Shortening the appeals process is one of the key things that would help with this, he believes. While this bill may not be his preferred mechanism, he still supports it. He mentioned the New Hampshire Housing Board of appeals.

The problem with how slow the system is now is that it acts as a deterrent against capital finance and the appropriate choice of smart growth sites. Finding a balance between growth and local planning so that every case is not a wholesale surprise to neighbors (stakeholders). He gave an example of a homeless shelter that was being sited across the street from an existing one and an appeal claimed that it would “change the nature of the area.”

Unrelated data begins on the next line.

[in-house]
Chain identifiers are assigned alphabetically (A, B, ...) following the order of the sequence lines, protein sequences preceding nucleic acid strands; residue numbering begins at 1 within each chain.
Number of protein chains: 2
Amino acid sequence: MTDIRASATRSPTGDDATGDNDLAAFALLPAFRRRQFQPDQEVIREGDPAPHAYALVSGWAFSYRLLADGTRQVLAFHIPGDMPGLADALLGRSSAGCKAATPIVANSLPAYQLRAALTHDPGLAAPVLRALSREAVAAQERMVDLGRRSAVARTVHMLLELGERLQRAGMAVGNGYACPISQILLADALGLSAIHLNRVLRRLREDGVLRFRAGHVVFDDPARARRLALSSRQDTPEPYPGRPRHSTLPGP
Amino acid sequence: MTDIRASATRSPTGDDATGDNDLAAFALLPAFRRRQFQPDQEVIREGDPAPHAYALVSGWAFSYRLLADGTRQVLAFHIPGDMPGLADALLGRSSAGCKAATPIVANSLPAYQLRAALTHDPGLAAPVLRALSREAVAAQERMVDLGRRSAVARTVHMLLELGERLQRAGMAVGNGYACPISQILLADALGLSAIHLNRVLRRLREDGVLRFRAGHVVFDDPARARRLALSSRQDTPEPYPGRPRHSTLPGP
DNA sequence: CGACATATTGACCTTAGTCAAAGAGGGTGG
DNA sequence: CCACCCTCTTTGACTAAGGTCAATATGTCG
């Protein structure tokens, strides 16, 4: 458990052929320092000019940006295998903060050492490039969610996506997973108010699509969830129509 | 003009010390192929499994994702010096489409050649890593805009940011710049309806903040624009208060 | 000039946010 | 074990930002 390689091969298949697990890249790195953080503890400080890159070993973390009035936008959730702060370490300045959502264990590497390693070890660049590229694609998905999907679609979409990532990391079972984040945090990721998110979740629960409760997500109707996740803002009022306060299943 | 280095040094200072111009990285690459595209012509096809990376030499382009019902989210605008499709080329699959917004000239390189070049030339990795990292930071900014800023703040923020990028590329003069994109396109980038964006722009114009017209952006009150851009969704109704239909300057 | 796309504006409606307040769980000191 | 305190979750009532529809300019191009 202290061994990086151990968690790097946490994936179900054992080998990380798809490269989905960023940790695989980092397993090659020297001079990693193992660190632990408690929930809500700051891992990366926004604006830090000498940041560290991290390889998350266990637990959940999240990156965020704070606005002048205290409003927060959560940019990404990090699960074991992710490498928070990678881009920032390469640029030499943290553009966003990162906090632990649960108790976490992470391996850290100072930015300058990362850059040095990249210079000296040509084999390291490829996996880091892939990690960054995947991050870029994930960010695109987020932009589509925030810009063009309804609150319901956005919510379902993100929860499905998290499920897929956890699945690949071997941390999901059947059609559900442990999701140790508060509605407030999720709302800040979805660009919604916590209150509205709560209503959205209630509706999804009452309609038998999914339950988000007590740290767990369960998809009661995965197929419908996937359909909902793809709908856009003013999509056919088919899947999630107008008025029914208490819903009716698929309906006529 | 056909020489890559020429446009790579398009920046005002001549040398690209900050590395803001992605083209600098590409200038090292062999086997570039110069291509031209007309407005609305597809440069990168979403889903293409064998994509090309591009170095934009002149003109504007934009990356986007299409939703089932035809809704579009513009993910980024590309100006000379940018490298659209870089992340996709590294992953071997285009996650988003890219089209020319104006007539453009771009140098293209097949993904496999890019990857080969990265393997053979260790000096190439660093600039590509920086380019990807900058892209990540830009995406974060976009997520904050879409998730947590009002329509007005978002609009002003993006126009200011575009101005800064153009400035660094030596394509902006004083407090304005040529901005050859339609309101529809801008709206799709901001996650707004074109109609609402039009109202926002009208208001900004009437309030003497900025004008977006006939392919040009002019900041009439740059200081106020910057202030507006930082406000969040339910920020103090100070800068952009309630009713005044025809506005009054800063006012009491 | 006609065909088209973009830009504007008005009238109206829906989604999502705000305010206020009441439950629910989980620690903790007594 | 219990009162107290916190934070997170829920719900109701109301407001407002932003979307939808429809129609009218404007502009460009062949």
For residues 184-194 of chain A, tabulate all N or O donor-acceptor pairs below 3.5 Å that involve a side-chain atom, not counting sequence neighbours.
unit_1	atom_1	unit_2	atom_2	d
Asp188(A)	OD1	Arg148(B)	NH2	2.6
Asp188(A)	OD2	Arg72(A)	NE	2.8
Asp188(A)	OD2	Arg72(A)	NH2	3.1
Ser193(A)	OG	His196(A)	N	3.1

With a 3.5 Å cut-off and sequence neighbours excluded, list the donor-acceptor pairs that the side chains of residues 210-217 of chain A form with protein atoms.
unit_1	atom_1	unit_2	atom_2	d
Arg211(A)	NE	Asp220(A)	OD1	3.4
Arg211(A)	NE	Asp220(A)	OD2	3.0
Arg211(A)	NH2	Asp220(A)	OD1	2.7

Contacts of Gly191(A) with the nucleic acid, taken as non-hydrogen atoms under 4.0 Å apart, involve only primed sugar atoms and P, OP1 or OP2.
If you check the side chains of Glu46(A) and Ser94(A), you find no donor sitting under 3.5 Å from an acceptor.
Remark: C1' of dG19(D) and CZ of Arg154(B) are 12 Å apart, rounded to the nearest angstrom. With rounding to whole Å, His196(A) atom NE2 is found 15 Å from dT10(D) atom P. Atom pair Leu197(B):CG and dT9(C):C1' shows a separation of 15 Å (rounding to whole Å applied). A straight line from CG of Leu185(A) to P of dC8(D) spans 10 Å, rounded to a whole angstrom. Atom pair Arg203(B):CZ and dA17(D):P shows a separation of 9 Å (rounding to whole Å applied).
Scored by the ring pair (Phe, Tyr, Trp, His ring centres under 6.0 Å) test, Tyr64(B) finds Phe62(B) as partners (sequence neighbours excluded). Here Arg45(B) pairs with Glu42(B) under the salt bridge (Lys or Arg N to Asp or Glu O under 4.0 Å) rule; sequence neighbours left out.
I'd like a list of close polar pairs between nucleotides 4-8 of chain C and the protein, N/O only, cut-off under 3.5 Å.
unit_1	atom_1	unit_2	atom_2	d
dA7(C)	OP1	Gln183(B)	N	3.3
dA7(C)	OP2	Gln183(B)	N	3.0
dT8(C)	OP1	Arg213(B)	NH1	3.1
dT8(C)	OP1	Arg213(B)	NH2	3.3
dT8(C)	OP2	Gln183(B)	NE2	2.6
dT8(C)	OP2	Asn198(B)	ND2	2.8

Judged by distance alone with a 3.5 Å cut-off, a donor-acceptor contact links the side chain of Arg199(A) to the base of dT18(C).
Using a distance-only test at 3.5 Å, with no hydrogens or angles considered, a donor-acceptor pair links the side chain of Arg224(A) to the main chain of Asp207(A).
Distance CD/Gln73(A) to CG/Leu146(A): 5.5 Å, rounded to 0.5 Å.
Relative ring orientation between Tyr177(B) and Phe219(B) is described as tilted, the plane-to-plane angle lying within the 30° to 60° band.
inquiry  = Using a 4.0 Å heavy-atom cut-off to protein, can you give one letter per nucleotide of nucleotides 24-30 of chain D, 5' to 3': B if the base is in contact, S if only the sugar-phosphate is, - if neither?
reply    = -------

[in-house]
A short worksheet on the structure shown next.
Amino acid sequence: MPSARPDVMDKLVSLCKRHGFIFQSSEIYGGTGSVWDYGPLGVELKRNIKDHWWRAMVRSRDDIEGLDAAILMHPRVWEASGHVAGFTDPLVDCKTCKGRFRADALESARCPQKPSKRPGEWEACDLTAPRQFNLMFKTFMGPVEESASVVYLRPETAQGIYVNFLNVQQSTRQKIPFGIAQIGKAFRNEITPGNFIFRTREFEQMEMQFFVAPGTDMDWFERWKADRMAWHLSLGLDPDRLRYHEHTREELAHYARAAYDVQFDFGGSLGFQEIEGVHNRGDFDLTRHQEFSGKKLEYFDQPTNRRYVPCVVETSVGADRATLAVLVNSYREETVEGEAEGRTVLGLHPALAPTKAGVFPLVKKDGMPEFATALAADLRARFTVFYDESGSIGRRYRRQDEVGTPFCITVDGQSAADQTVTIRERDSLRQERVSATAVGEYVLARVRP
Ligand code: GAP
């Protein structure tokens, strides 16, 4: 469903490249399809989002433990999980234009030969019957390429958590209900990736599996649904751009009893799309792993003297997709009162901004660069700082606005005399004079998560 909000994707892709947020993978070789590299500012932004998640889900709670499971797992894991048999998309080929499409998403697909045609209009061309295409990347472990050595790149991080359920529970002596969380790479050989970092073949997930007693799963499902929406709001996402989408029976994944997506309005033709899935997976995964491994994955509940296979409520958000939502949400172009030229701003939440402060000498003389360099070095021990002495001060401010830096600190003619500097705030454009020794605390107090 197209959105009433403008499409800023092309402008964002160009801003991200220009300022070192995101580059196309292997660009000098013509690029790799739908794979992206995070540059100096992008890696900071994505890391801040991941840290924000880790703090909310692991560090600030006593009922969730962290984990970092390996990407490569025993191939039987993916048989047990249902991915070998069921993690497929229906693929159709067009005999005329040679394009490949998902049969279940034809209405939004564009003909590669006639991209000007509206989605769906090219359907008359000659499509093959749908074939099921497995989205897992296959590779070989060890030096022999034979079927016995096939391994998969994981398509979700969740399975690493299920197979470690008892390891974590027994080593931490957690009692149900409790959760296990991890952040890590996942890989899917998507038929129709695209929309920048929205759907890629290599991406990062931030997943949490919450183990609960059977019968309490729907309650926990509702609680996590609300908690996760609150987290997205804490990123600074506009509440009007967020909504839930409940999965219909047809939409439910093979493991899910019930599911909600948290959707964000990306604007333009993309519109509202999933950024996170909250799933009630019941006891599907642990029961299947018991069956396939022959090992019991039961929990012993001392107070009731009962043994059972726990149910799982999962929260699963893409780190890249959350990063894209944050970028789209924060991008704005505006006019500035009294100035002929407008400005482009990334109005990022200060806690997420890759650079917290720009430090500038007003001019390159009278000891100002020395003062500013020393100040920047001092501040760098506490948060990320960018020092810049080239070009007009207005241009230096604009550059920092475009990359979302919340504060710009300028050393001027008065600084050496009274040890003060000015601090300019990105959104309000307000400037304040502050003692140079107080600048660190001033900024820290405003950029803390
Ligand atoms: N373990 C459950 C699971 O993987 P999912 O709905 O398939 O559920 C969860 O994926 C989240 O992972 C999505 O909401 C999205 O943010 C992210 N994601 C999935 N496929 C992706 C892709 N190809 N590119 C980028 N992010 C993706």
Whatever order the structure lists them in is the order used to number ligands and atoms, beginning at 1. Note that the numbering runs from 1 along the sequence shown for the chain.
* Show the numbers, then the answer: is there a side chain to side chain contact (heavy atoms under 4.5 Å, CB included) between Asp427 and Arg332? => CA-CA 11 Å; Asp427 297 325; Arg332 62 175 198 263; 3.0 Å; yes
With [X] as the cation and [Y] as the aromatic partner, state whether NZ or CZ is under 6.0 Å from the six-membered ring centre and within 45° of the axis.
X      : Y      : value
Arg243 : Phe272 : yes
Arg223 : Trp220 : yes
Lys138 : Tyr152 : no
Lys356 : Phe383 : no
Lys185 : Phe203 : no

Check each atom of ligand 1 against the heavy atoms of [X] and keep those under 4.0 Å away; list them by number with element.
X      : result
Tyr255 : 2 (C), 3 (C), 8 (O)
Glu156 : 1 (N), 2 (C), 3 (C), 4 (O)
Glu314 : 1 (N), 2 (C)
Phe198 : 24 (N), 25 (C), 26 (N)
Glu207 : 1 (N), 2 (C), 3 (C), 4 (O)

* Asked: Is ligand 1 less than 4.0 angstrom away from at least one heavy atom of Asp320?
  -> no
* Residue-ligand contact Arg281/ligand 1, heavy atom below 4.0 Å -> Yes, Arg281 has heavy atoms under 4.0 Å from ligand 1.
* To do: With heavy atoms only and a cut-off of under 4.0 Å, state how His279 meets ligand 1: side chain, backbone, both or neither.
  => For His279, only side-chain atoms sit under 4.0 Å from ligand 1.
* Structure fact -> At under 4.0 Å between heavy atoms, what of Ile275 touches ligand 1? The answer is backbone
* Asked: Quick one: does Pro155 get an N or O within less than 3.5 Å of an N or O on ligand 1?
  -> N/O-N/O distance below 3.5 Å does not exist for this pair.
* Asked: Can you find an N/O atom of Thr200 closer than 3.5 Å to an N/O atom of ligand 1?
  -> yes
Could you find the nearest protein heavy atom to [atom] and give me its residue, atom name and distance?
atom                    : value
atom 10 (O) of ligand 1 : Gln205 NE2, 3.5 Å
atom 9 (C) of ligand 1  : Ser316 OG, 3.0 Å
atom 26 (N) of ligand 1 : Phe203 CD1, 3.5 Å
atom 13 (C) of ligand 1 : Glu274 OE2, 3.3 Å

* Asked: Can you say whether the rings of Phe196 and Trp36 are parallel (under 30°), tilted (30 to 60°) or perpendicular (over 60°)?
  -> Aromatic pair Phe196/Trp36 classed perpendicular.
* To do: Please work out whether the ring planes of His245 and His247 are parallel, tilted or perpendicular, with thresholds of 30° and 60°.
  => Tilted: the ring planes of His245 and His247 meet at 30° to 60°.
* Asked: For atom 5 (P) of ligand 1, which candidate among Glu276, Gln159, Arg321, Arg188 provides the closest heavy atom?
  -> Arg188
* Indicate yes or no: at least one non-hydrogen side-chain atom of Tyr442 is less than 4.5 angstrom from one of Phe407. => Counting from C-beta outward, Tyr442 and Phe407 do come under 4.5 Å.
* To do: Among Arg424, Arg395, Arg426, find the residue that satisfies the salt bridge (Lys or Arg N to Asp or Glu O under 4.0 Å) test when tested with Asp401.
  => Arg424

Delays in permitting also result in cost impacts and affordability of the finished units.  He pointed to the average wage scales of a childcare workers and teachers, saying that the “market is producing housing at a rate that neither of these occupations can afford.”

NOTE: Teacher’s salaries actually exceed private sector wages as detailed in the 2021 CFV report on public sector wages. Public sector employees are in the top 25% of income earners in Vermont.

He also asked Legislators to increase the funding in the bill as he believes it is insufficient. While he gets that “times are tight,” he claimed that this is not an area to by “stingy” or they will set themselves up for disappointing and slow results responding to the need for rational housing prices and availability.

Senator McCormack reiterated is long-held stance that they need to “shorten the appeals does not lessen the rights of Vermonters.”